Once at the police station, Defendant took Plaintiff into a building and handcuffed her to a wooden chair with her hands behind her back. Pl. Dep. 79:17-24. Defendant left and Plaintiff began to complain that the handcuffs were hurting her. Pl. Dep. 80:14-15; Def.'s Br. Supp. Mot. Summ. J. 5. Thirty minutes later an unnamed police officer repositioned the handcuffs from behind her back and fastened them to the chair. Pl. Dep. 80:14-18.

         Plaintiff was released from custody that day and charged with theft by unlawful taking and theft by deception. Pl's Br. Opp' Supp. Mot. Summ. J., Ex. G; Def.'s Br. Supp. Mot. Summ. J. 7. On January 23, 2017 Plaintiff attended a preliminary hearing before Magisterial Disrict Judge Wilden Davis. Def.'s Br. Supp. Mot. Summ. J. 7. At this hearing, Judge Wilkins entered an order that notified Plaintiff that “[she was] convicted of or pled guilty to violating the above charge(s)[3] and [he] sentenced [her] to the following: [f]ines, [c]osts, and [r]estitution”, which totaled $161.00. Def.'s Br. Supp. Mot. Summ. J. 8. The order further outlined that Plaintiff could “change [her] guilty plea to a not guilty plea by notifying the Magisterial District Judge in writing within 30 days after [her] sentence [was] imposed” and that if she “changed [her] plea, the Magisterial District Judge [would] vacate this sentence” and forward her case to “the Court of Common pleas for further proceedings.” Def.'s Br. Supp. Mot. Summ. J., Ex. N. Plaintiff received the order and paid the fines, costs, and restitution, at which time the charges against her were dismissed. Pl. Dep. 93:7-18; Def.'s Br. Supp. Mot. Summ. J. 8.

         III. STANDARD OF REVIEW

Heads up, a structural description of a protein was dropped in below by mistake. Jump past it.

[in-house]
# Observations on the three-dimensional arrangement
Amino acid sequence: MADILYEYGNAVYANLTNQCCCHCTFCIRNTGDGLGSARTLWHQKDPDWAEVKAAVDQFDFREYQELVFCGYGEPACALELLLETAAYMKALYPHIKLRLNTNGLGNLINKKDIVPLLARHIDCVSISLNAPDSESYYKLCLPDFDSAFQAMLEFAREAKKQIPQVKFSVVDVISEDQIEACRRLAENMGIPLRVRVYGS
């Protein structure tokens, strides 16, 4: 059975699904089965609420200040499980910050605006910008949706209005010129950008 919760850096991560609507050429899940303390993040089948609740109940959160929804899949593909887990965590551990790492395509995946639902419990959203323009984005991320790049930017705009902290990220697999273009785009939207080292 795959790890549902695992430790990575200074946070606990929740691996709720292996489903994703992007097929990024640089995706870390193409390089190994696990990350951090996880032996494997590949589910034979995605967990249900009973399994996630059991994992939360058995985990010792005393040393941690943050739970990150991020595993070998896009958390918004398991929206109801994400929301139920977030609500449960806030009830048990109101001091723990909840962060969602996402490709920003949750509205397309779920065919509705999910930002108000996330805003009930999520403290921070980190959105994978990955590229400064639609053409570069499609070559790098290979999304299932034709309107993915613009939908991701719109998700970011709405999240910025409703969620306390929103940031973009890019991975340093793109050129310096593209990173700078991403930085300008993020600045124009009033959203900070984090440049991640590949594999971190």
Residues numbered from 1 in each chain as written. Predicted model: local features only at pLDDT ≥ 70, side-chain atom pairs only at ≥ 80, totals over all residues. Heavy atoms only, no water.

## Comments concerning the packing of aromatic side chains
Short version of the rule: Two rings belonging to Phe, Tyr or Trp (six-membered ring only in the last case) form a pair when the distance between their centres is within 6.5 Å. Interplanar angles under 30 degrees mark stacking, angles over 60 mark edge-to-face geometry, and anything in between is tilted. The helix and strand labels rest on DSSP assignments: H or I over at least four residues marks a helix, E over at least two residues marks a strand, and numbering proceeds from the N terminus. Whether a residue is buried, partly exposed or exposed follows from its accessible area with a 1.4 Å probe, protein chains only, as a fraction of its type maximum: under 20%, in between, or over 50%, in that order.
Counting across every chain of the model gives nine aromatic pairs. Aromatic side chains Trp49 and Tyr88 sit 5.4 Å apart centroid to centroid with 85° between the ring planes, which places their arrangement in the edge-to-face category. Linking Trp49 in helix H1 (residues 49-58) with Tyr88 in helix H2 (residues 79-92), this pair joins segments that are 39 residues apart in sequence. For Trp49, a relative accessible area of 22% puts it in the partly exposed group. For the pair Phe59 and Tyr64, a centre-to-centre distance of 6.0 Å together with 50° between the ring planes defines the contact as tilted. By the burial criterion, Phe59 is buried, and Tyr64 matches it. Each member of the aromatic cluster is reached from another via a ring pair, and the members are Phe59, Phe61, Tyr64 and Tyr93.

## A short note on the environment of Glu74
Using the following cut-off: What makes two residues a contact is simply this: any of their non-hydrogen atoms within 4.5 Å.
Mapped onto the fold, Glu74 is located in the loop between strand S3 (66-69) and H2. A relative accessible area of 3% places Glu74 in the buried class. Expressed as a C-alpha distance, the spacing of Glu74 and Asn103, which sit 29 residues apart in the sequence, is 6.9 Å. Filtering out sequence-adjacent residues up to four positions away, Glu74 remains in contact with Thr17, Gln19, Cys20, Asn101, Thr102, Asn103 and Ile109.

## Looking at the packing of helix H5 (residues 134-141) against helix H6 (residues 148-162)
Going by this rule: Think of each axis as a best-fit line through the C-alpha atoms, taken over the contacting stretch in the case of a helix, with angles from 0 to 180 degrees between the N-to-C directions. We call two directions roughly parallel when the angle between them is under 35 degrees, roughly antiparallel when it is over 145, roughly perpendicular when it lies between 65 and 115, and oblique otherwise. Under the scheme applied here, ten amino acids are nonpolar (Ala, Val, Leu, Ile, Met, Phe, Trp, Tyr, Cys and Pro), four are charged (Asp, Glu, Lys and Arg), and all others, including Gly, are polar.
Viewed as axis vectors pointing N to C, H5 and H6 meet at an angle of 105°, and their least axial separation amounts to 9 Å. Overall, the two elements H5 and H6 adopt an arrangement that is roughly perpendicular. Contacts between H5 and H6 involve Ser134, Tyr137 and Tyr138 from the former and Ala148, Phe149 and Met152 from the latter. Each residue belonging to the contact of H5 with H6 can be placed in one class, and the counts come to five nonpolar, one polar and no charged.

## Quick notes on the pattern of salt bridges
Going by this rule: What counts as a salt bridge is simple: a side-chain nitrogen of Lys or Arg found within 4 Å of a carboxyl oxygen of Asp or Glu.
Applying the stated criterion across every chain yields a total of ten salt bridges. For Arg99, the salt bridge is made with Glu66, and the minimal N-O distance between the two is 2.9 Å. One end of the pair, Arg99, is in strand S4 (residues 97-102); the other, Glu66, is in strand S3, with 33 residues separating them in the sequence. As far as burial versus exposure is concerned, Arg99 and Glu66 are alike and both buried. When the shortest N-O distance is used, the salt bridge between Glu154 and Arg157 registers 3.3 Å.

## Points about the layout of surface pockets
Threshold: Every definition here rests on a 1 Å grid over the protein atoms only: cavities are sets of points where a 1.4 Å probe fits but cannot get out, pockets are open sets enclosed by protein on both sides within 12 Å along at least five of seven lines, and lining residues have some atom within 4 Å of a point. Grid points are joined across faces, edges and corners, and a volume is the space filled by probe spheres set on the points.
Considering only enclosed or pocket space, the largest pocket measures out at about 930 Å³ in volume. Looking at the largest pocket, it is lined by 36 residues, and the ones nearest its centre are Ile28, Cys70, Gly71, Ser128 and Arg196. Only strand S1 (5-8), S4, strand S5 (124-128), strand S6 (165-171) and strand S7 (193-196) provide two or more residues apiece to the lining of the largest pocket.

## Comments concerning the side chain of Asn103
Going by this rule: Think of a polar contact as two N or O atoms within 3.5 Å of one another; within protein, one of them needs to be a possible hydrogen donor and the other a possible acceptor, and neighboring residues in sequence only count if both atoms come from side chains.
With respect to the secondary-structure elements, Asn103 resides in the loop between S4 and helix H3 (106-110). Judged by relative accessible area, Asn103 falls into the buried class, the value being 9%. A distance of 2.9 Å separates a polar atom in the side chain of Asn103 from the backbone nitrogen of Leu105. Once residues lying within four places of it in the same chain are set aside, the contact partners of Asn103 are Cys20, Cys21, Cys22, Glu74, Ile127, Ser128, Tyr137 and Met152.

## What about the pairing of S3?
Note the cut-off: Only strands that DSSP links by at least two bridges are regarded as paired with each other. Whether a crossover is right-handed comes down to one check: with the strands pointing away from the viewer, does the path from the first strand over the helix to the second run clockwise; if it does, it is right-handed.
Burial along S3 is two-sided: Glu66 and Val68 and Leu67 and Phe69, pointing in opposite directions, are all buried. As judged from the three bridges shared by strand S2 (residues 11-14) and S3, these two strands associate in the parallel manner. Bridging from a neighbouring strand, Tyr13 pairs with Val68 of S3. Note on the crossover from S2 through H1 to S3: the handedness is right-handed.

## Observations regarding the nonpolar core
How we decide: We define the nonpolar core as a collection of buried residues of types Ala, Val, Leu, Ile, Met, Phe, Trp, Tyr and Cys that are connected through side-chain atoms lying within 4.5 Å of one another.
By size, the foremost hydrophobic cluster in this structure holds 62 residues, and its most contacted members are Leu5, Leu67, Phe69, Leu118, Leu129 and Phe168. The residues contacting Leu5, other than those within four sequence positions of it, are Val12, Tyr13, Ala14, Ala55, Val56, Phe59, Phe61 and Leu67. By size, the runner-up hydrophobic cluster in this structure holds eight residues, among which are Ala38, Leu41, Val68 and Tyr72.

Summary judgment is awarded only when “there is no genuine issue as to any material fact and the movant is entitled to judgment as a matter of law.” Fed.R.Civ.P. 56(a); Liberty Mut. Ins. Co. v. Sweeney, 689 F.3d 288, 292 (3d Cir. 2012). To defeat a motion for summary judgment, there must be a factual dispute that is both genuine and material. See Anderson v. Liberty Lobby, Inc., 477 U.S. 242, 247-49, (1986); Dee v. Borough of Dunmore, 549 F.3d 225, 229 (3d Cir. 2008). A “material” fact is one “that might affect the outcome of the suit under the governing law[.]” Anderson, 477 U.S. at 248. A dispute over a material fact is “genuine” if “the evidence is such that a reasonable jury could return a verdict for the nonmoving party.” Id.

         The movant bears the initial burden of demonstrating the absence of a genuine dispute of a material fact. Goldenstein v. Repossessors, Inc., 815 F.3d 142, 146 (3d Cir. 2016). “Where the defendant is the moving party, the burden is on the defendant to show that the plaintiff has failed to establish one or more essential elements of her case.” Burton v. Teleflex Inc., 707 F.3d 417, 425 (3d Cir. 2013). If the movant sustains its initial burden, “the burden shifts to the nonmoving party to go beyond the pleadings and come forward with specific facts showing that there is a genuine issue for trial.Santini v. Fuentes, 795 F.3d 410, 416 (3d Cir. 2015) (internal quotation marks omitted) (quoting Matsushita Elec. Indus. Co. v. Zenith Radio Corp., 475 U.S. 574, 587 (1986)).

         At the summary judgment stage, the court's function is not to weigh the evidence and determine the truth of the matter, but rather to determine whether there is a genuine issue for trial. See Anderson, 477 U.S. at 249 (citations omitted); Jiminez v. All American Rathskeller, Inc., 503 F.3d 247, 253 (3d Cir. 2007). In doing so, the court must construe the facts and inferences in the light most favorable to the non-moving party. See Horsehead Indus., Inc. v. Paramount Communications, Inc., 258 F.3d 132, 140 (3d Cir. 2001). Nonetheless, the court must be mindful that “[t]he mere existence of a scintilla of evidence in support of the plaintiff's position will be insufficient; there must be evidence on which the jury could reasonably find for the plaintiff.” Anderson, 477 U.S. at 252.

         IV. DISCUSSION

         A. 42 U.S.C. § 1983

         Plaintiff is suing under Section 1983, a civil rights law passed by Congress that provides a remedy to persons who have been deprived of their federal constitutional or statutory rights. 42 U.S.C. § 1983. Section 1983 provides in pertinent part as follows:

Every person who, under color of any statute, ordinance, regulation, custom, or usage, of any State or Territory or the District of Columbia, subjects, or causes to be subjected, any citizen of the United States or other person within the jurisdiction thereof to the deprivation of any rights, privileges, or immunities secured by the Constitution and laws, shall be liable to the ...